Dynamic Data Dissemination (D3), an Accreditation Council for Continuing Medical Education–accredited publishing company, conducts several hundred CME activities each year. About a quarter of these activities are jointly sponsored with Savvy Science, a non-accredited medical education organization that is part of a large group of companies. The relationship has been successful and lucrative for both organizations.
Savvy Science’s parent company reorganized in early 2013. Danny Diligent, D3’s CME director, has requested confirmation that Savvy remains eligible to jointly sponsor CME activities and that its new organizational structure has not created a commercial interest, or CI. Danny feels concerned when his second request for confirmation goes unanswered. He is worried that Savvy’s new structure may prohibit future joint sponsorship but wants to give his educational partner the benefit of the doubt. Could Savvy simply not understand the rationale for the request and the importance of the response?
Danny realizes it is time to kick off the planning for several new activities to be jointly sponsored with Savvy, and he grows more concerned when he discovers that commercial support for all the new activities will be provided by the same grantor. Does Savvy have a relationship with the grantor? He reaches for his antacid as he picks up the phone to call Savvy’s president.
Is Danny right to be concerned?
Overstreet: Yes! Danny wants to continue planning activities with them, but he must protect his accreditation and the integrity of his CME program. The provider is responsible for ensuring that all ACCME criteria are met, so Danny needs to be confident that Savvy is eligible for joint sponsorship.
Parochka: I agree. Having commercial support provided by a single company begs these questions: What relationship does the joint sponsor (and its sister or parent companies) have with the grantor? Are these activities promotional or educational? How should providers determine if their joint sponsors are CIs?
Overstreet: Providers need to ensure that joint sponsors—and others who can control or influence content—are not CIs. The ACCME does not prescribe how to determine eligibility for joint sponsorship; providers have to select and implement their eligibility-determination method based on their risk tolerance, and knowledge of and comfort level with potential partners, along with other factors. Some require a signed attestation that the entity is independent from CIs. Reviewing the potential partner’s Web site and marketing materials also may shed some light on its business model.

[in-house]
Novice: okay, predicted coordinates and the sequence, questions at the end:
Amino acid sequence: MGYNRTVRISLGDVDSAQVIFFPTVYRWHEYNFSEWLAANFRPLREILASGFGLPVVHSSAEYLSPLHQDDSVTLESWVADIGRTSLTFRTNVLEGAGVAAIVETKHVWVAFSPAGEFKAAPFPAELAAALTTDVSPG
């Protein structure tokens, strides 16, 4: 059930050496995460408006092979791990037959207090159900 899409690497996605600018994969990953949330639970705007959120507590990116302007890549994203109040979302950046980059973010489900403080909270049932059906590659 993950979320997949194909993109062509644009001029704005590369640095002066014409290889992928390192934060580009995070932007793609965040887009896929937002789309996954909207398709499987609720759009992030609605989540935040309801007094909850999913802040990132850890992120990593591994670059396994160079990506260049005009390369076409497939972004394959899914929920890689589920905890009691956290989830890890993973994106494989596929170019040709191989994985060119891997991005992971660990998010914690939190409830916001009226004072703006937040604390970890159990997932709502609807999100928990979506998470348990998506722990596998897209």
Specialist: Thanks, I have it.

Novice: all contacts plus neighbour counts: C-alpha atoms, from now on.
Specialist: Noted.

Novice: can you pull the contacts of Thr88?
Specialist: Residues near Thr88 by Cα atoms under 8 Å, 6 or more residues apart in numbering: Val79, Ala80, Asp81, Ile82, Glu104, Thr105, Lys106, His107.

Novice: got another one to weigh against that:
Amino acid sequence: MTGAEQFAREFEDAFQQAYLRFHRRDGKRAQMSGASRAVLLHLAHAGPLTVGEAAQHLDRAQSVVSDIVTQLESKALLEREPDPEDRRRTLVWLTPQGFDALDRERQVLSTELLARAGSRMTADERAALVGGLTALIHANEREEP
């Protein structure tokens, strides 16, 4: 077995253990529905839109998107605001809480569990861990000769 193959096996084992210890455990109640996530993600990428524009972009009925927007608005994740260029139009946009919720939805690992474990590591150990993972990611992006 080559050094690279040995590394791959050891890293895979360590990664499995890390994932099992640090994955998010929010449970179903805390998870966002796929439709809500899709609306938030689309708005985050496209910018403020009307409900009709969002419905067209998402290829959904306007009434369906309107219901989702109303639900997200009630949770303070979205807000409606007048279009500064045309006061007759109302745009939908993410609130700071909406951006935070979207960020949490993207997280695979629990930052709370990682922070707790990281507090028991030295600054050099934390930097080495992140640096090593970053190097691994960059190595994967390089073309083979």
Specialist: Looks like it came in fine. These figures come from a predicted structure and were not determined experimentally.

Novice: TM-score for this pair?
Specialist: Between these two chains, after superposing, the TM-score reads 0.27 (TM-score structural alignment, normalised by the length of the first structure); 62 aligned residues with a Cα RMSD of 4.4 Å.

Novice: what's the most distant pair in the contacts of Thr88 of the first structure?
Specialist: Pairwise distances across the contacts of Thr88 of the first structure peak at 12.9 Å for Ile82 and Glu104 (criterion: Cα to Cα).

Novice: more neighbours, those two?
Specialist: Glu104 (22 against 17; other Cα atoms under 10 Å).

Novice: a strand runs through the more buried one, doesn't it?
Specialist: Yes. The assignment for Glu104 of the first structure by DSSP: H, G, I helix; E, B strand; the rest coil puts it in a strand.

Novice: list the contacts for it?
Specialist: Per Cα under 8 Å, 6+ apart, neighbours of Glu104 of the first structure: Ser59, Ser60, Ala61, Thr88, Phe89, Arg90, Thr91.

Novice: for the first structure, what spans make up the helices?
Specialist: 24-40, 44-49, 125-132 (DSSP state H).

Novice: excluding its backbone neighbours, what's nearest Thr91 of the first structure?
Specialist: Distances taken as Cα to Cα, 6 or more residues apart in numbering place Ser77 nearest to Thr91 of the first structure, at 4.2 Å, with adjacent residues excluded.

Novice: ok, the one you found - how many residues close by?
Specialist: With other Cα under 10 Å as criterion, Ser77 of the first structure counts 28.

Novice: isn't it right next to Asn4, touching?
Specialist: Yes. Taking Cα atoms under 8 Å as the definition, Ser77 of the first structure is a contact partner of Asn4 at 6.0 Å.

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Parochka: Several years ago, the National Association of Medical Education Companies and the Society for Academic CME developed an attestation form that could be used to determine whether a medical education company fit the definition of a CI. While a positive step to identifying relationships with CIs, proof of the company’s structure was not a mandatory component of the process. Accredited providers could require potential joint sponsors to have their administrative structure reviewed by ACCME. Having a copy of ACCME’s response in the activity files would go a long way toward documenting an educational partner’s eligibility. If joint sponsors balk at the cost of the ACCME review, providers might consider requiring that content be peer-reviewed independently before certifying jointly sponsored activities for credit. (The joint sponsor would need to be forewarned that allocation of credit may be denied based on the peer-review findings.)
Karen Overstreet, EdD, RPh, FACME, CCMEP, is a medical education consultant in Raleigh, N.C. Reach her at [email protected]. Jacqueline Parochka, EdD, FACME, is president and CEO, Excellence in Continuing Education Ltd., Gurnee, Ill.; and partner, PTR Educational Consultants. Reach her at [email protected].